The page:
Research

Study Reveals Cybersecurity Skills Shortage

The skills required for information security have changed in the last few years, according to IT security professionals in a recent survey. Security and compliance company Tripwire conducted the study with assistance from Dimensional Research, which revealed 93 percent of security pros are concerned about the cybersecurity skills gap, and 72 percent said it's more difficult to hire skilled security staff compared to two years ago.

The study findings are based on survey responses from 315 IT security professionals at U.S.-based companies with more than 100 employees.

Among the findings:

  • Just 20 percent of respondents said their company has hired people without specific security expertise for security roles, and 17 percent plan to do so in the next two years;
  • 50 percent plan to invest in training existing security staff;
  • 91 percent plan to supplement their security team by outsourcing for skills;
  • 88 percent said managed services would help solve the skills gap problem;
  • 96 percent said automation will play a role in closing the skills gap; and
  • 98 percent said that other functions, such as non-security teams, will be more involved in cybersecurity in the future.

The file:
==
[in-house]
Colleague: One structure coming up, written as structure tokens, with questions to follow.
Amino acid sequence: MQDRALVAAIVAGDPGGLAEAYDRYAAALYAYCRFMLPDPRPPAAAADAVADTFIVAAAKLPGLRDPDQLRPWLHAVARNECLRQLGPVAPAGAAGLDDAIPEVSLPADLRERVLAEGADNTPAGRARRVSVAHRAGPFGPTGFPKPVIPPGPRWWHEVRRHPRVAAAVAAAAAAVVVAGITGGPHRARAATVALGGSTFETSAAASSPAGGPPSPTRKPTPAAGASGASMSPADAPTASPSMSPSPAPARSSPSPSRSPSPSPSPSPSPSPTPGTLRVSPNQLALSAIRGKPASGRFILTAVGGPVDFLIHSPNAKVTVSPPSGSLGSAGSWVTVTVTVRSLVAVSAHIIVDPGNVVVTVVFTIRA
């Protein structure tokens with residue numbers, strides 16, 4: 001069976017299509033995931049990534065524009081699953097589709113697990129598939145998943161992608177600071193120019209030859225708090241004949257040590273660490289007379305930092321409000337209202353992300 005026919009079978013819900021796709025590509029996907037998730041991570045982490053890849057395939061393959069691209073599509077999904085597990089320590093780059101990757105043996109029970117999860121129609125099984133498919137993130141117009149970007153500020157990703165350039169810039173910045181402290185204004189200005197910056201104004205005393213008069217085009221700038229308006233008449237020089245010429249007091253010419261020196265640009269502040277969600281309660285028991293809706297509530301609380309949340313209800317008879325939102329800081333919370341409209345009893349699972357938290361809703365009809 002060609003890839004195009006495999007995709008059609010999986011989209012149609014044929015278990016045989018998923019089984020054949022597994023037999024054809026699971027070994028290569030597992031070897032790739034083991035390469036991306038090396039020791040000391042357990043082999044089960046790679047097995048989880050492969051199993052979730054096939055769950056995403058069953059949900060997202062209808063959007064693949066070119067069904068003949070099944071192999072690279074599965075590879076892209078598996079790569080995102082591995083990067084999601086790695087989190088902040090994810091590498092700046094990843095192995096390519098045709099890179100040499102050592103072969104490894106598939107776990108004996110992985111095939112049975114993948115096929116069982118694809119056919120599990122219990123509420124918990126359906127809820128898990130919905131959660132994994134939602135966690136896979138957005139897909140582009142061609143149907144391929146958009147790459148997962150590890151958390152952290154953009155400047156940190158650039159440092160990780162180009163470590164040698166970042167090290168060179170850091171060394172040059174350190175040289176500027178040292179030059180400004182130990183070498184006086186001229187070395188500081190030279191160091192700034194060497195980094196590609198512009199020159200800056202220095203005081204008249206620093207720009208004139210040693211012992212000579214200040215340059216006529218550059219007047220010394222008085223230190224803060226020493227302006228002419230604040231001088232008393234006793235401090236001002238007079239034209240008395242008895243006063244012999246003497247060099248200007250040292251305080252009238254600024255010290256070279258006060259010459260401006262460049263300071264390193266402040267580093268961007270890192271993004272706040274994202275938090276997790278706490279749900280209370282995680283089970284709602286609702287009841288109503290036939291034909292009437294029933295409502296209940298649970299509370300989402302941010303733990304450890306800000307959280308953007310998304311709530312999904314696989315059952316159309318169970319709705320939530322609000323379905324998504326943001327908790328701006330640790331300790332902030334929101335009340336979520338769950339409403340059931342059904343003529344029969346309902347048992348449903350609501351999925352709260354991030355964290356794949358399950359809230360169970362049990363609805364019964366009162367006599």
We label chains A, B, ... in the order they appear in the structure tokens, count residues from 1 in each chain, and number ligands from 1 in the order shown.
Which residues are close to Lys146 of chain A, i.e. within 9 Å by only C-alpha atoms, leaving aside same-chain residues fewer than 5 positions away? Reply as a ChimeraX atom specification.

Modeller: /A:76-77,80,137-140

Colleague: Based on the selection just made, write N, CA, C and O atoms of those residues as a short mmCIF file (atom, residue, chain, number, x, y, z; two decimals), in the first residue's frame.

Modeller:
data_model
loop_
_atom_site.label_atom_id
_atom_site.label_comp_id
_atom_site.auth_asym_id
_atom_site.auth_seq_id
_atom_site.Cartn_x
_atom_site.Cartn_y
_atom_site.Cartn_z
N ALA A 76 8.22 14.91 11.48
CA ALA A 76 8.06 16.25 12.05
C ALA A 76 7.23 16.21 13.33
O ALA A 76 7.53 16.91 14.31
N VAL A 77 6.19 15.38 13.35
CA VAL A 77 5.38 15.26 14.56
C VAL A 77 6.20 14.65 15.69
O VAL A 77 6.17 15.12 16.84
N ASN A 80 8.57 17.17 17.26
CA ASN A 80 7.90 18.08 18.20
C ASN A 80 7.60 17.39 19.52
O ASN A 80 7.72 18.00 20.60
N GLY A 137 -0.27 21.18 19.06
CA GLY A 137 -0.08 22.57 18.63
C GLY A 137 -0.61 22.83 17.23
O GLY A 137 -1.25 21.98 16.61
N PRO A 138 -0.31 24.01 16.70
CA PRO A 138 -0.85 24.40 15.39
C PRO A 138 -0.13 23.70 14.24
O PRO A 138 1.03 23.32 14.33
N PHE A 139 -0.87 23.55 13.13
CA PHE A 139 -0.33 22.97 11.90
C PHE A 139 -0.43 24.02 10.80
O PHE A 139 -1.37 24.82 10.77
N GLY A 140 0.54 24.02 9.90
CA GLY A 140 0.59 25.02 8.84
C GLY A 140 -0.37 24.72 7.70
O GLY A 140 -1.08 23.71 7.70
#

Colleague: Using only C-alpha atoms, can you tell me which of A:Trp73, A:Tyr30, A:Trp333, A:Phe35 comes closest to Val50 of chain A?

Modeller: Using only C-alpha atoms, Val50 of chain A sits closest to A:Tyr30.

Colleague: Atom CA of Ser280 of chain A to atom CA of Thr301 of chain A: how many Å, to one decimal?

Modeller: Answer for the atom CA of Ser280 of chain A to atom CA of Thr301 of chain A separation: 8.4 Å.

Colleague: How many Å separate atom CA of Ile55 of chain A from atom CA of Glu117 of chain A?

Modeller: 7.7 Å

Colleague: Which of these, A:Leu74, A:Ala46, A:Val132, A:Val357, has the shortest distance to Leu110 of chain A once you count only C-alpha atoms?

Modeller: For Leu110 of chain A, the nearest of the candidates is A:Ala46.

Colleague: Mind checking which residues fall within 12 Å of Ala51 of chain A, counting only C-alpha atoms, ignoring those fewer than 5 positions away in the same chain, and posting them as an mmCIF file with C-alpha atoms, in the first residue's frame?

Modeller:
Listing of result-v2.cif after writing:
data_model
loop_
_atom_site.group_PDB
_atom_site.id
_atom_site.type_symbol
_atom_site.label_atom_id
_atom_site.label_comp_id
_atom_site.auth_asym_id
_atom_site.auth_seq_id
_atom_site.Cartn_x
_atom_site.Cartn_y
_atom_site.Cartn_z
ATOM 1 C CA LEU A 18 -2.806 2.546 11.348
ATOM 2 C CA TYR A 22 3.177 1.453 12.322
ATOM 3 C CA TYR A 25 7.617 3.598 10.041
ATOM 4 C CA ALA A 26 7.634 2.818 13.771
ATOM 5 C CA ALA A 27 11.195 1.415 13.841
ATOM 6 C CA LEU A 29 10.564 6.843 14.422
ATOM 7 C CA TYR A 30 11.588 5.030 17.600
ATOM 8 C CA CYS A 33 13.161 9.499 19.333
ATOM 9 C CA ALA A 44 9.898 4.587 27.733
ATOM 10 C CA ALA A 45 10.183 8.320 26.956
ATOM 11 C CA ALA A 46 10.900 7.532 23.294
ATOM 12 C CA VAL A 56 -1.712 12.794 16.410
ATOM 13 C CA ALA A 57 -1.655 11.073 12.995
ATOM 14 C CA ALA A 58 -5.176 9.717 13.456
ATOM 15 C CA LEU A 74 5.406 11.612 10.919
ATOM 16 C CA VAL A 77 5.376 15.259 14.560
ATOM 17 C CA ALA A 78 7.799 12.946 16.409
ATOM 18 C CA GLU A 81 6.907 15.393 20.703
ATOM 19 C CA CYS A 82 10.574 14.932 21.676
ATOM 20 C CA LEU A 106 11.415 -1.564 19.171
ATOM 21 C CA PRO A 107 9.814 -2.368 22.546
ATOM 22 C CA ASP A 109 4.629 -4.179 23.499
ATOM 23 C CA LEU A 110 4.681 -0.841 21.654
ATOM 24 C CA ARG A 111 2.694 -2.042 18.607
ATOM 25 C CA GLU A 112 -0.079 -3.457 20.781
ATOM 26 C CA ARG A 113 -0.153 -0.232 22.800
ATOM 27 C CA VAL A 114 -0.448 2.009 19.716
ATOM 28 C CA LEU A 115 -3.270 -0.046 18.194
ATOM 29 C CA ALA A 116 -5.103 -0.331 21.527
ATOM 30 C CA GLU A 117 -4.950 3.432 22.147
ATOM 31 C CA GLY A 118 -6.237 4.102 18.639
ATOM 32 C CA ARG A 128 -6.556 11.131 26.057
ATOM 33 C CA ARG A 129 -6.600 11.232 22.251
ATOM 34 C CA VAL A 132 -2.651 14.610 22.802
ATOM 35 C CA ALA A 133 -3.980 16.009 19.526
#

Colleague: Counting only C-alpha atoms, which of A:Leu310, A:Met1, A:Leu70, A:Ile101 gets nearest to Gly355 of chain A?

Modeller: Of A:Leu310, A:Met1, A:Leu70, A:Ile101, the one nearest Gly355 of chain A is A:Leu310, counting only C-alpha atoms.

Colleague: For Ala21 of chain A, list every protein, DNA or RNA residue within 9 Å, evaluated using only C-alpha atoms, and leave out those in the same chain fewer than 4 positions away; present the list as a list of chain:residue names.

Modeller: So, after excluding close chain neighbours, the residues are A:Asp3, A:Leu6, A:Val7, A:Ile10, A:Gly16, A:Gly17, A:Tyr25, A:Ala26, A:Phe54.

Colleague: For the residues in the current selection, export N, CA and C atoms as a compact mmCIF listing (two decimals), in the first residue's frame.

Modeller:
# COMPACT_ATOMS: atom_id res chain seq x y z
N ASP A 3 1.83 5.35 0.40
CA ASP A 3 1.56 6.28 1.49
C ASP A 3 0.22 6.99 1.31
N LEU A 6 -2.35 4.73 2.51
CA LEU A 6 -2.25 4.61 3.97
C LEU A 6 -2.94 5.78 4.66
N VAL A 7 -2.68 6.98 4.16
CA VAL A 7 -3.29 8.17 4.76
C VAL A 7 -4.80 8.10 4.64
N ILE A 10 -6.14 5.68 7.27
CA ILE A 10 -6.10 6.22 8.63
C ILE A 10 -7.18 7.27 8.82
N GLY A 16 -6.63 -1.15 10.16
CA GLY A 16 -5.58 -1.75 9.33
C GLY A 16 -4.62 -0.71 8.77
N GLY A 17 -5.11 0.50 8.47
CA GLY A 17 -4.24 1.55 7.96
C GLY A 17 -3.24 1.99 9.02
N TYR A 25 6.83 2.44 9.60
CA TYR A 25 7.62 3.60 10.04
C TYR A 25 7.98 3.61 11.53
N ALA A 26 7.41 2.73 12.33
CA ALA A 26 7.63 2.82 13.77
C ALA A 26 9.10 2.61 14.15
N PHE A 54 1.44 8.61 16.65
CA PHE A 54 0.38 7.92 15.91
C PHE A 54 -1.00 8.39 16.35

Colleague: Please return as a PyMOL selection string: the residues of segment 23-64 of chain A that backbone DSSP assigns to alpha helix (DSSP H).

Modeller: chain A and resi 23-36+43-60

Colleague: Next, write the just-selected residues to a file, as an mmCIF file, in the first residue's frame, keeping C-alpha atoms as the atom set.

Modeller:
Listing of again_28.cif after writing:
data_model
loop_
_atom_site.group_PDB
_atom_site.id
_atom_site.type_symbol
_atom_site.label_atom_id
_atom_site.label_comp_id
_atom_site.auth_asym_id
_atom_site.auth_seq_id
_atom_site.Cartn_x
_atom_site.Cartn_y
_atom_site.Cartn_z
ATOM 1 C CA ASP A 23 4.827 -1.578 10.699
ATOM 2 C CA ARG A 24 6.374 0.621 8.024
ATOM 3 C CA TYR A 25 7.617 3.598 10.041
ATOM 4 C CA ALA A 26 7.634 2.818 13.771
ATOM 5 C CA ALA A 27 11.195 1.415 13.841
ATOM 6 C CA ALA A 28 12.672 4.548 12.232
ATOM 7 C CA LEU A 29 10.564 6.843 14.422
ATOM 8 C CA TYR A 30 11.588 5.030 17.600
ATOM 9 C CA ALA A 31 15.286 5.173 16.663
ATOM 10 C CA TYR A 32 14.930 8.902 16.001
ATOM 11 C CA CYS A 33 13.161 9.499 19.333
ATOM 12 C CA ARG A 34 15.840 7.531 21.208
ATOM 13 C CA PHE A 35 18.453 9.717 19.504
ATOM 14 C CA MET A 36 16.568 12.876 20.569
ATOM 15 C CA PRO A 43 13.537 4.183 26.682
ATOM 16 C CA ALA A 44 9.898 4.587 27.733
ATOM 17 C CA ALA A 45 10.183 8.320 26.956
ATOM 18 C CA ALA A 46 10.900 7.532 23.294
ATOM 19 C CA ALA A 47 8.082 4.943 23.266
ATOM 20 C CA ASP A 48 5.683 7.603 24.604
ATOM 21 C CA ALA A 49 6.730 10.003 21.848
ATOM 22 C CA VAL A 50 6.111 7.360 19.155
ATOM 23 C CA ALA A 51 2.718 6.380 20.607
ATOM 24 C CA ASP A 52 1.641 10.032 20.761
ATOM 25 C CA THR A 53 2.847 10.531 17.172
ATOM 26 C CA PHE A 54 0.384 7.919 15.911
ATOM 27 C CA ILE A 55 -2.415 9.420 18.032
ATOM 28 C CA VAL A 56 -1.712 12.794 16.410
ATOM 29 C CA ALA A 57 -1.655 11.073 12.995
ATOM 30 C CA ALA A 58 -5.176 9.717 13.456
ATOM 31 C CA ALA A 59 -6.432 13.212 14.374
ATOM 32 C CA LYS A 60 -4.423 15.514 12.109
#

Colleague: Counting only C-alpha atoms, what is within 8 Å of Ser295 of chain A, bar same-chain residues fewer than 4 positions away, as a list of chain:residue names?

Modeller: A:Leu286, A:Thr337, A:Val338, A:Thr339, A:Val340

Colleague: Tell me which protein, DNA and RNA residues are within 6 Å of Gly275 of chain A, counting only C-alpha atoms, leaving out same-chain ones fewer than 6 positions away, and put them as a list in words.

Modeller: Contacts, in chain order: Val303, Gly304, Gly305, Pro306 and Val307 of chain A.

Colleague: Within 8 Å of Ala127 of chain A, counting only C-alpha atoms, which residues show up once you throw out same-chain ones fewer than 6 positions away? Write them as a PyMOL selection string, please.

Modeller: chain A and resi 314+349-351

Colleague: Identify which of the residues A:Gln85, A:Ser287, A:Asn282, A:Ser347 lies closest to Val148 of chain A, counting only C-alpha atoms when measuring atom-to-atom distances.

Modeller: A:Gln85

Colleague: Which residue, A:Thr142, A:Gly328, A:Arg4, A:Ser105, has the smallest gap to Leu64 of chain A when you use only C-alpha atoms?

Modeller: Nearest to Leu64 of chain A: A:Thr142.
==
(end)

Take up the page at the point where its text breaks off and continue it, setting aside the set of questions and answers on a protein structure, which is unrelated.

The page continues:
"It's evident that security teams are evolving and maturing with the rest of the cybersecurity industry, but the pool of skilled staff and training simply aren't keeping up," said Tim Erlin, vice president of product management and strategy at Tripwire, in a statement. "For example, beyond their technical duties, security practitioners may now be expected to spend more time in boardrooms or in the CFO's office to secure more budget. While the makeup of the cybersecurity workforce may be changing, the fundamentals of protecting an organization have not. It will be critical during this transition to ensure there's a long-term strategy in place around maintaining their foundational security controls."

Erlin pointed out that security teams can look for help both within their organization and externally: "The skills gap doesn't have to be an operational gap. Security teams shouldn't overburden themselves by trying to do everything on their own," he said. "They can partner with trusted vendors for managed services or subscribe to service plans where outside experts can act as an extension of the team. Organizations should also understand that security is a shared responsibility across different functions, so people from other parts of the business should be involved in the cybersecurity program. And, of course, automation can add value not only in reducing manual work, but also in ensuring that everything is up-to-date and working as it should in real time. Security teams may just need to work more creatively."

More information on the study is available on the Tripwire site.

About the Author

About the author: Rhea Kelly is executive editor for Campus Technology. She can be reached at rkelly@1105media.com.

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